|Delaware and Raritan Canal, Lambertville, NJ|
Author Lois Winston often travels to Lambertville, NJ to meet a cousin from Pennsylvania for lunch because it’s halfway between their two homes. Those of you who are frequent visitors to the blog will probably remember the Lambertville yarn-bombing photo I posted recently. Of course, given who Lois is and how she delights in tormenting me, it was only a matter of time before the bucolic town showed up in one of her books.
Lambertville, is a quaint town on the Delaware River with a rich Revolutionary history. It’s also along the path of the Delaware and Raritan Canal, a forty-four mile canal that spanned the narrowest section of the state from Bordentown to New Brunswick. The canal was critical to the flow of cargo during the nineteen-century industrial and commercial development of the region.
|Archival photo of when the canal was still in operation|
The canal is now a park, but it’s also where, thanks to Lois, a body with a connection to my family and me is discovered at the end of Decoupage Can Be Deadly, drawing me into yet another murder investigation in A Stitch To Die For. The woman just won’t give me a break!
|Shops along Lambertville's main street|
Murder aside, Lambertville is a lovely town with quaint shops and restaurants, and as I mentioned above, a rich connection to the Revolutionary War. According to a plaque on the grounds of the 1st Presbyterian Church of Lambertville:
“On Christmas night, December 25th, 1776 at about 11:00pm, 7 miles south of this site General George Washington and the Continental Army crossed into New Jersey and proceeded to change the tide of the War with the 1st Battle of Trenton. Here in Coryell’s Ferry, another crossing took place that night with Captain William Washington and Subaltern James Monroe (Fifth President) who led a rearguard attachment of mounted soldiers and cannon to protect the main Army’s rear flank.”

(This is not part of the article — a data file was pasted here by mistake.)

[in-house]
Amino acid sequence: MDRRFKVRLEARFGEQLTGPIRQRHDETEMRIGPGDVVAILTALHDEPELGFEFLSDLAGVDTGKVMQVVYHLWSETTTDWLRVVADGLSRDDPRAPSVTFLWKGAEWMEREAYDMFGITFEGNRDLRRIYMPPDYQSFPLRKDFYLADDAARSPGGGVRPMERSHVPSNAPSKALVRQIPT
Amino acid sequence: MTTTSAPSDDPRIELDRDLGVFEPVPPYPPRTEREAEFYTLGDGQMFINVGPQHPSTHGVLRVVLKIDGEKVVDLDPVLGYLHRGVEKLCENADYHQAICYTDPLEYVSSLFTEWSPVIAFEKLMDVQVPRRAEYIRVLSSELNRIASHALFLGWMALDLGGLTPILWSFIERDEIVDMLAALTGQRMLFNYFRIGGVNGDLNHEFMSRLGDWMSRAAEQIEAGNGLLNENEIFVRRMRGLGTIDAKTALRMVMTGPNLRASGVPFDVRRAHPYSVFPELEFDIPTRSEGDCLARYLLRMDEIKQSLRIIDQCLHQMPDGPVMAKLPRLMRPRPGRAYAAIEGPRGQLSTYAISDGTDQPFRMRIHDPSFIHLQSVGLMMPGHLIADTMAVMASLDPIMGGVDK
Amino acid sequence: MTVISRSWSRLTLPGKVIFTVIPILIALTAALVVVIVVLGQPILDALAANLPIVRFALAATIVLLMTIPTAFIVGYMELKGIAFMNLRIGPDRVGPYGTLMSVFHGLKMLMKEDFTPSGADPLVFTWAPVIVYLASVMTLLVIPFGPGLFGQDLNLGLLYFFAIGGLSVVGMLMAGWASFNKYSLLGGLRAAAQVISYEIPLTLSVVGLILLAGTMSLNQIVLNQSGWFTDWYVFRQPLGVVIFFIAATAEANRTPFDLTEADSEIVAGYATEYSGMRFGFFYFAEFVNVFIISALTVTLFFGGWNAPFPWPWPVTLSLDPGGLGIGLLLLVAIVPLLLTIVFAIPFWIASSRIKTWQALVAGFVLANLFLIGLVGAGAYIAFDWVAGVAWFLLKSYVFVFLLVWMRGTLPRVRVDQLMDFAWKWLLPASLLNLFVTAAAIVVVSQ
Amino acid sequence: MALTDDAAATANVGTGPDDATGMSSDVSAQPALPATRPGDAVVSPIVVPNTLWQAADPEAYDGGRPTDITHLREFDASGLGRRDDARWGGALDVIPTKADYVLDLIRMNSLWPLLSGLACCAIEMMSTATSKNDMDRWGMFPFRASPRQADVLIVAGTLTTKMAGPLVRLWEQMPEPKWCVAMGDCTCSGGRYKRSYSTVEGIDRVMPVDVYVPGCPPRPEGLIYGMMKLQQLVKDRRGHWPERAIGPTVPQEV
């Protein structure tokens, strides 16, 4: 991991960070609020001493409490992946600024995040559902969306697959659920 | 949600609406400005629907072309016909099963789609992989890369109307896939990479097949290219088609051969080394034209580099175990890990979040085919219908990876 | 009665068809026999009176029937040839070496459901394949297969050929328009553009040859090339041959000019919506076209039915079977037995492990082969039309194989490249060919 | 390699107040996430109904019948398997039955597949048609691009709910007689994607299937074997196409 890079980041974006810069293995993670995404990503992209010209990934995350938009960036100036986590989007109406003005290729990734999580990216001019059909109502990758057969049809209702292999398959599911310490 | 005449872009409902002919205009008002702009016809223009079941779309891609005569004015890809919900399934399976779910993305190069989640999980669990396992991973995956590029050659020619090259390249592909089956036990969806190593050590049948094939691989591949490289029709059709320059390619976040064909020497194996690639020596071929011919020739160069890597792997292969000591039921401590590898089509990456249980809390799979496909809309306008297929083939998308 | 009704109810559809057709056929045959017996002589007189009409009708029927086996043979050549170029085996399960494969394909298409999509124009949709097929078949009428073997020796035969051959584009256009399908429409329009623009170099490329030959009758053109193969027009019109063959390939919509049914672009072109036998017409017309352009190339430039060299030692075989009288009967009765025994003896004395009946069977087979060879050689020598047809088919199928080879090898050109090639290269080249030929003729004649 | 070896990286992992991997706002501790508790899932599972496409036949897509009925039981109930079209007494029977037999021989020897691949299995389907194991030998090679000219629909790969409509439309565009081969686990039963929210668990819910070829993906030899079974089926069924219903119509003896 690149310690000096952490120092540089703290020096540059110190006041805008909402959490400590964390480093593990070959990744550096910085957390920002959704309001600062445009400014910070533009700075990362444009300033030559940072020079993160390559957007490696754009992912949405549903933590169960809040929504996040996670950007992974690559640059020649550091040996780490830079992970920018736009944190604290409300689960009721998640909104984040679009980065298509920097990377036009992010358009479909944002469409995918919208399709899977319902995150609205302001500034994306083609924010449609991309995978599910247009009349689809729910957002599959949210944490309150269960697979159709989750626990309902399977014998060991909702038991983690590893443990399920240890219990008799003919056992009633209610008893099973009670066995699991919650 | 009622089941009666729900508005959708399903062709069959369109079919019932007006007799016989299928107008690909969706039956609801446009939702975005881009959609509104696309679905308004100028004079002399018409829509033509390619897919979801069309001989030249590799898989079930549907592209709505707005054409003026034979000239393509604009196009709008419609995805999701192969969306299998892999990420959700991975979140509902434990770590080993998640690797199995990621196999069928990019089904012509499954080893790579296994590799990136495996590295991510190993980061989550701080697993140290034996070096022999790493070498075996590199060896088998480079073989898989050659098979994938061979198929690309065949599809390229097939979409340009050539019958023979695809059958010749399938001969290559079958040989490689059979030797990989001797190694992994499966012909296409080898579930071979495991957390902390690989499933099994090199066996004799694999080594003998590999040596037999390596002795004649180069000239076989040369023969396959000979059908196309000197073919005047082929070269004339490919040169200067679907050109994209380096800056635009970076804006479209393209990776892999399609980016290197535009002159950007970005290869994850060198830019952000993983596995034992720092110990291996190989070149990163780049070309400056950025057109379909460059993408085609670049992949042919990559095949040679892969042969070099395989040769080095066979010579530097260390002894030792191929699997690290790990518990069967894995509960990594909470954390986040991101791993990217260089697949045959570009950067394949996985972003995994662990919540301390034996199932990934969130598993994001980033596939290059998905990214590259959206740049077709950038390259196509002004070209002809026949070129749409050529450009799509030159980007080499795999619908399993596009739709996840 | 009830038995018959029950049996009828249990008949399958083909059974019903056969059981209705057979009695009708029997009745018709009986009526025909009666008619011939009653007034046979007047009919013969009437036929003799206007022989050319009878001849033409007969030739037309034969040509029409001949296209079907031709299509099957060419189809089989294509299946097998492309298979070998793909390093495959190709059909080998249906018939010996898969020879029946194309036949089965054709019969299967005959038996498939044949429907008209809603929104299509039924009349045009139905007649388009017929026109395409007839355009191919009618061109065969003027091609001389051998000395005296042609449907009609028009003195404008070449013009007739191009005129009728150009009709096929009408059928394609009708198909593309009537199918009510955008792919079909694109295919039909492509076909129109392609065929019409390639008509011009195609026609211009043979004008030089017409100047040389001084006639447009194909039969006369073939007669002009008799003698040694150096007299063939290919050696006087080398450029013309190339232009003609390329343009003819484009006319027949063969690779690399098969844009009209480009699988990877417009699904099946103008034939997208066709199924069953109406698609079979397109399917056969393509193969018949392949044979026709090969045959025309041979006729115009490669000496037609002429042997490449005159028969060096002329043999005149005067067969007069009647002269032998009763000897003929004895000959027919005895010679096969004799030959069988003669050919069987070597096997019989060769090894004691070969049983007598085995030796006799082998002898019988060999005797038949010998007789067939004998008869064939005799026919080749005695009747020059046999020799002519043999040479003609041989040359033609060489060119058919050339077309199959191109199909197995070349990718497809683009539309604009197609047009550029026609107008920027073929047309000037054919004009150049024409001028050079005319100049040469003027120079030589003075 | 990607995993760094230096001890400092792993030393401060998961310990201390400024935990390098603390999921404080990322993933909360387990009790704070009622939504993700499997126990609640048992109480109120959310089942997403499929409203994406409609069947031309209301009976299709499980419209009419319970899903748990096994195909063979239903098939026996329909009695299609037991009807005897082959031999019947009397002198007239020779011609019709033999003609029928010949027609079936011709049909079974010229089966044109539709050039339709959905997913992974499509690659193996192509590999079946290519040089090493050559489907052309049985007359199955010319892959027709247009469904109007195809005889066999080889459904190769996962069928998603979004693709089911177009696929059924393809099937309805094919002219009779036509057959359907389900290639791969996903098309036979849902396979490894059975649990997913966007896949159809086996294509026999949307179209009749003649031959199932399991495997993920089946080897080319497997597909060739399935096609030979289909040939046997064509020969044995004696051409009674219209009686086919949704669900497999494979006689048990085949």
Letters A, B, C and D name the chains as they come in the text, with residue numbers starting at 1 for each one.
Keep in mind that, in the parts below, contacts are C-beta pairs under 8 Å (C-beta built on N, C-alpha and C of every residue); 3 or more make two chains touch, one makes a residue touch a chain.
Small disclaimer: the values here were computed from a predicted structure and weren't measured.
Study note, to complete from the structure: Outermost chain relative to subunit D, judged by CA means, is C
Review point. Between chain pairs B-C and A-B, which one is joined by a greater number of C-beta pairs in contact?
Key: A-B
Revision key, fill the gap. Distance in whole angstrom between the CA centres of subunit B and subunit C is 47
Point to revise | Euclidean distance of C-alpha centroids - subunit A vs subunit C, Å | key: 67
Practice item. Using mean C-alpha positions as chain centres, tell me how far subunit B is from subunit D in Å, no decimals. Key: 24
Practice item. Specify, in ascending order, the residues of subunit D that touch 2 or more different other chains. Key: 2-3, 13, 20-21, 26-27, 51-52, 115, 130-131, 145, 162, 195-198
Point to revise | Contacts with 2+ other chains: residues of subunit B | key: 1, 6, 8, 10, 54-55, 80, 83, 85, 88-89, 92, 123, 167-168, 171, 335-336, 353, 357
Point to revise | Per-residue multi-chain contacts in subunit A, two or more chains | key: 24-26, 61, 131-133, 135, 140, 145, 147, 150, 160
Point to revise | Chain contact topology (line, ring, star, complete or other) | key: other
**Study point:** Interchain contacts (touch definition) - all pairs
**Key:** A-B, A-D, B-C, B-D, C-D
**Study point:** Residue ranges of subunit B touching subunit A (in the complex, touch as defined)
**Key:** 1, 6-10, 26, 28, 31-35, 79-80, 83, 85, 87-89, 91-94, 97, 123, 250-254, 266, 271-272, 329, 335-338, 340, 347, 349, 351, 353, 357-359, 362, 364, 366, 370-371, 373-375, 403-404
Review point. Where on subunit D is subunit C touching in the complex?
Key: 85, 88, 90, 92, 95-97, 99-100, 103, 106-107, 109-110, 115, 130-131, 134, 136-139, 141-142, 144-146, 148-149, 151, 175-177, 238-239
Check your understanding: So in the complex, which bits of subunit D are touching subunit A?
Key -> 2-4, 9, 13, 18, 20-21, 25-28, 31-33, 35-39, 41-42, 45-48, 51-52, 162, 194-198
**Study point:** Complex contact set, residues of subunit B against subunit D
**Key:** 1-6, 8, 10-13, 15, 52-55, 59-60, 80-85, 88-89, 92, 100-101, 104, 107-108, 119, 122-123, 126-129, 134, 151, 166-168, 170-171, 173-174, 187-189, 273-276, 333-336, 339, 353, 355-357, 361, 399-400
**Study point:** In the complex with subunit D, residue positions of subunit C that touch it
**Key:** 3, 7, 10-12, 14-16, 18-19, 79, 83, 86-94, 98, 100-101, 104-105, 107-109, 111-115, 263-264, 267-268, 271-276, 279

The plaque goes on to mention the founding of the church 40 years later in1816 and was built on donated land by the Coryell and Lambert families near the Coryell’s Ferry Ancient Burial Grounds. On his return to the United States, the Marquis de Lafayette worshiped in the church on July 9, 1825 while visiting the Coryell family.
If you’re ever passing through New Jersey, plan to spend an afternoon in Lambertville. I guarantee you’ll enjoy yourself, and chances are, you won’t stumble upon any dead bodies.
Decoupage Can Be Deadly
An Anastasia Pollack Crafting Mystery, Book 4
Anastasia and her fellow American Woman editors are steaming mad when minutes before the opening of a consumer show, they discover half their booth usurped by Bling!, their publisher’s newest magazine. CEO Alfred Gruenwald is sporting new arm candy—rapper-turned-entrepreneur and Bling! executive editor, the first-name-only Philomena. During the consumer show, Gruenwald’s wife serves Philomena with an alienation of affection lawsuit, but Philomena doesn’t live long enough to make an appearance in court. She’s found dead days later, stuffed in the shipping case that held Anastasia’s decoupage crafts. When Gruenwald makes cash-strapped Anastasia an offer she can’t refuse, she wonders, does he really want to find Philomena’s killer or is he harboring a hidden agenda?
A Stitch To Die For
An Anastasia Pollack Crafting Mystery, Book 5
Ever since her husband died and left her in debt equal to the gross national product of Uzbekistan, magazine crafts editor and reluctant amateur sleuth Anastasia Pollack has stumbled across one dead body after another—but always in work-related settings. When a killer targets the elderly nasty neighbor who lives across the street from her, murder strikes too close to home. Couple that with a series of unsettling events days before Halloween, and Anastasia begins to wonder if someone is sending her a deadly message.